- cripple or destroy the International Solidarity Movement. ISM is a group of peace activists who put their bodies on the line to protect Palestinians who might otherwise be attacked or killed by trigger-happy Israeli soldiers. The keystone of the ISM's activity is that the soldiers would be less likely to kill "internationals" than they would be to kill Palestinians, because of the potential international controversy it could cause. This new policy neatly removes this keystone.

- eliminate negative press coverage of Israeli operations in the Occupied Territories by frightening journalists away or by outright banning them from the hot zones. Foreign journalists are not allowed in the "military zones," and can now only enter the rest of the Palestinian areas accepting a much greater threat of physical harm.

That ain't good.

Do I have to point out how ridiculous and immoral all that is? Nah, I think y'all are capable of auto-generating your own outrage.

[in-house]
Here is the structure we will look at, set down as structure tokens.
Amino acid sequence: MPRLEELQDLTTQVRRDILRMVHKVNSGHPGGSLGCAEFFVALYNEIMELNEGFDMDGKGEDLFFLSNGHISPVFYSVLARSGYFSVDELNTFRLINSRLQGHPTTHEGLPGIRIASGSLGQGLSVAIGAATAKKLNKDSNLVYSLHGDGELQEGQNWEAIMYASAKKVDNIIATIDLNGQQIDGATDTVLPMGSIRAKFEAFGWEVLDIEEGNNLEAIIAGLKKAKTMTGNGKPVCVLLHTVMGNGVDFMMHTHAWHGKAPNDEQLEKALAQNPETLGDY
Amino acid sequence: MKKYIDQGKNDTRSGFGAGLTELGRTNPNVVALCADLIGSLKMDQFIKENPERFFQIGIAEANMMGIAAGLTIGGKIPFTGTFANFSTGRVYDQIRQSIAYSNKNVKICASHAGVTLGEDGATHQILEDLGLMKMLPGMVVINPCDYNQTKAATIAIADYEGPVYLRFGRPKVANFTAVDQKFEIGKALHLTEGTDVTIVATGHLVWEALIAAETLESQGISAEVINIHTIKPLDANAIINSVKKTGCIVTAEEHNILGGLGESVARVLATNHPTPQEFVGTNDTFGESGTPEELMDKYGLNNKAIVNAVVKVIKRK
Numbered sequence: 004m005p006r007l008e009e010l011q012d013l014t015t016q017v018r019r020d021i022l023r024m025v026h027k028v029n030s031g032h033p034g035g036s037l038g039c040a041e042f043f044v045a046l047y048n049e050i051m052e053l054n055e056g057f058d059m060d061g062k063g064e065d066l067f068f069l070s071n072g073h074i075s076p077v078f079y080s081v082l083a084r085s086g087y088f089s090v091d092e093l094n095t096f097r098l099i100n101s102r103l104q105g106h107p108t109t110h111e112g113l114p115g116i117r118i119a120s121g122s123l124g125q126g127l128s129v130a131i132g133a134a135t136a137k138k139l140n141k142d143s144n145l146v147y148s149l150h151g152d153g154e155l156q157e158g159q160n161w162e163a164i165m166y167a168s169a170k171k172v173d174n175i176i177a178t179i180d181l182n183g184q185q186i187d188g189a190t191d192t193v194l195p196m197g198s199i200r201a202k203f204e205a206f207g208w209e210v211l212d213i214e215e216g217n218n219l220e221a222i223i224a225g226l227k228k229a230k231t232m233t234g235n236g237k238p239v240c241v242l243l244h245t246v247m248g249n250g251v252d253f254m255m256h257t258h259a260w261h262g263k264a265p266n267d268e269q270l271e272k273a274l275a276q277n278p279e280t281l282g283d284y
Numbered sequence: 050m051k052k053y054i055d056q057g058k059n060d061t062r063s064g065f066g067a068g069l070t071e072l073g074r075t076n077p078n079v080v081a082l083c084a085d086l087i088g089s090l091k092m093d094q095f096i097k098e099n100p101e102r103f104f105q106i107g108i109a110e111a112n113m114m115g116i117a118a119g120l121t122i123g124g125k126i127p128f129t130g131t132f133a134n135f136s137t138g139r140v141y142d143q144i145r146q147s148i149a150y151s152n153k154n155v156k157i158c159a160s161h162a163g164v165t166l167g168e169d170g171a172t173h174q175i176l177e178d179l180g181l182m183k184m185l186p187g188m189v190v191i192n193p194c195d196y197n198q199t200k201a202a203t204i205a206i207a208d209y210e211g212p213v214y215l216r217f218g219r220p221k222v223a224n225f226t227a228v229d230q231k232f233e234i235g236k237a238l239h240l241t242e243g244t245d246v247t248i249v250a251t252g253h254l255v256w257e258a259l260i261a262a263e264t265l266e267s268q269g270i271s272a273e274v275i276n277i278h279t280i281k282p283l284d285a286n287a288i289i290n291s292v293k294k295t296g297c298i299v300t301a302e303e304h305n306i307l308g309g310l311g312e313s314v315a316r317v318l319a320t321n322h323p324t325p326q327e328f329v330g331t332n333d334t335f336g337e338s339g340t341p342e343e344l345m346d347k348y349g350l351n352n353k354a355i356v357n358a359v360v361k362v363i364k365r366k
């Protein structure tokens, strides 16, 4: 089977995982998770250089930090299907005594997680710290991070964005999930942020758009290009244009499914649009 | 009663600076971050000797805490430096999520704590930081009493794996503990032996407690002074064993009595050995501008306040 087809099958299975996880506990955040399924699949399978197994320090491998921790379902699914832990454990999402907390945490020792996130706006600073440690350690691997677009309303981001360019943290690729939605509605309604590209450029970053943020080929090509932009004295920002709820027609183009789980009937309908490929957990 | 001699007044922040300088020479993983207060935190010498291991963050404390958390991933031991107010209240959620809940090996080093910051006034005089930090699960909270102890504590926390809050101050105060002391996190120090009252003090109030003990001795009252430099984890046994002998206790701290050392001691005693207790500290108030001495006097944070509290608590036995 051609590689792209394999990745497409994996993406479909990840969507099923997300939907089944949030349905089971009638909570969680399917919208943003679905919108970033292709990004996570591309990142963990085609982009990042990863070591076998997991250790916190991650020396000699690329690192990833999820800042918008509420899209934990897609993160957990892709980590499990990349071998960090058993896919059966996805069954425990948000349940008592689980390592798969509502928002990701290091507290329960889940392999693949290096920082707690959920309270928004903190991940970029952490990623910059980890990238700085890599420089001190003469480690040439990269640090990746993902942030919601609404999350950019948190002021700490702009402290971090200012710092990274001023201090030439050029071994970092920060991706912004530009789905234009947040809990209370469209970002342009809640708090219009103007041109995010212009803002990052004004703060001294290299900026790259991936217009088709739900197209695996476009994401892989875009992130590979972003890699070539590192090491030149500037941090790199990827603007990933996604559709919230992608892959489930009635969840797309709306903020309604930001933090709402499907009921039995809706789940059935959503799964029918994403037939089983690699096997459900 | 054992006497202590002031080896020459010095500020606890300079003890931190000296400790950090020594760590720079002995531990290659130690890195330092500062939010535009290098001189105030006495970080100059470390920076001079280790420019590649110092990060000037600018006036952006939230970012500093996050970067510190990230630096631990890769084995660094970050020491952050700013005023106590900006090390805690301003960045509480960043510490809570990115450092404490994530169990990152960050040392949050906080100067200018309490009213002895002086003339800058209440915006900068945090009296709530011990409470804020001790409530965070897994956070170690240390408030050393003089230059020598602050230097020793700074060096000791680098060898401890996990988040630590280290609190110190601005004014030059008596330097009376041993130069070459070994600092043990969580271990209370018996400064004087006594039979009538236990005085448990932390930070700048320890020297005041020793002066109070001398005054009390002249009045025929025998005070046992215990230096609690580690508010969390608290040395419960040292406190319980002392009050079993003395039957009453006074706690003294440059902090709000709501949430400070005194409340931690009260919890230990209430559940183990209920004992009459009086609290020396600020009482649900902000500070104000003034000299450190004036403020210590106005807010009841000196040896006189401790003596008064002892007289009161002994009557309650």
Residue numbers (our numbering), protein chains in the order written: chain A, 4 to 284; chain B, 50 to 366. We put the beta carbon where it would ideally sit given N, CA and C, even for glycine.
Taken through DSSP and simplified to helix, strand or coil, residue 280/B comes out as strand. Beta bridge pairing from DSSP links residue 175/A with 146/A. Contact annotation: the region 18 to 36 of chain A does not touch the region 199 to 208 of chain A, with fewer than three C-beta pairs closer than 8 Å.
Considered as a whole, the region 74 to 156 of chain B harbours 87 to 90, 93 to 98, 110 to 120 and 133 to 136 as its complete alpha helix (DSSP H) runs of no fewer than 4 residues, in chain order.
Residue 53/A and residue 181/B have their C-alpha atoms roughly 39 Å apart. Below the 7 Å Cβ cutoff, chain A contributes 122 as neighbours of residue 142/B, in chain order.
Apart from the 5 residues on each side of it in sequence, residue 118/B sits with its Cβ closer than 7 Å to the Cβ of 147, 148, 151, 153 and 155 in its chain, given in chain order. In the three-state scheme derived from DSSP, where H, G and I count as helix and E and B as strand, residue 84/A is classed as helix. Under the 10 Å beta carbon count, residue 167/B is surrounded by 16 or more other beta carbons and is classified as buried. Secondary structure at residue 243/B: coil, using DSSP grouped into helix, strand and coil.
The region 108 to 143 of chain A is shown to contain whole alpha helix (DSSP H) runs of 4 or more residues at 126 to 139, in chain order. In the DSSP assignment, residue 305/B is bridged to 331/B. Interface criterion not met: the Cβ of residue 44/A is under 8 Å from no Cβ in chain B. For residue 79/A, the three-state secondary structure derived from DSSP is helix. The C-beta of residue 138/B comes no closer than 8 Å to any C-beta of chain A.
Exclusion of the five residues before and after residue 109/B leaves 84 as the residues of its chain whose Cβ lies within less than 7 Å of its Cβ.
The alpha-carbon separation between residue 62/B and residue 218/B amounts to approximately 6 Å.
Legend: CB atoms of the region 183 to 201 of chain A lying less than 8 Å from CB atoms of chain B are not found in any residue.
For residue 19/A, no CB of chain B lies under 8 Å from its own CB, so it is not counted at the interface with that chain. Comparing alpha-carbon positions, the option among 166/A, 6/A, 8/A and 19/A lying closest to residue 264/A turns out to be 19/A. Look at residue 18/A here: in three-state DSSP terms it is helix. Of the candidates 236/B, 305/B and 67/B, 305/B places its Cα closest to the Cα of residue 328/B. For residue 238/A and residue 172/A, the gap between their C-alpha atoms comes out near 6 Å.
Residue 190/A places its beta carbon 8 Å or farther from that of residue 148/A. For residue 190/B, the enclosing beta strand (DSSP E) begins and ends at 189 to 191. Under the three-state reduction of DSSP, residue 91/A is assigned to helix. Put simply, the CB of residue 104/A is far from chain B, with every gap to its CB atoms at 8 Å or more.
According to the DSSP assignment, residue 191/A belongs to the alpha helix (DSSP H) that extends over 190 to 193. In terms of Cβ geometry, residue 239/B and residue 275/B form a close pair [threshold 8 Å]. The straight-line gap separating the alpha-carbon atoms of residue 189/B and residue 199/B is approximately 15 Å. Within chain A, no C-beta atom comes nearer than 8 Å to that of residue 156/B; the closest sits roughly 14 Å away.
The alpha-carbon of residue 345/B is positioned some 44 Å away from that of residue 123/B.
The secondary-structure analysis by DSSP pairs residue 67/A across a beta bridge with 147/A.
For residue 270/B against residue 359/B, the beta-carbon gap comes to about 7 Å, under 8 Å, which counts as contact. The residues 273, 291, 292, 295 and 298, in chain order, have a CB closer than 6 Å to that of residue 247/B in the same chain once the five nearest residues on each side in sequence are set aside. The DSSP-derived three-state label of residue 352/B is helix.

While on the topic, I should probably remind you about a section of my site here called Reports from Palestine. Last summer, my friend Garrick Ruiz and his friend Tamara Rettino spent months in the Occupied Territories as part of the ISM. They both sent back regular email reports about their experiences. Anyone who feels that Israel is justified in its actions towards the Palestinians should certainly give this a read, because it shows the other side with a deep, personal touch (Garrick's reports are often fueled by disgust and anger, Tamara's more by shock and grief). I can't condone terrorist attacks on Israel, but it seems quite obvious to me (partially made apparent by these two's personal reports) that the Israelis are carrying out a grossly immoral repression against the Palestinians, the vast majority of whom pose no threat and are guilty of no crime.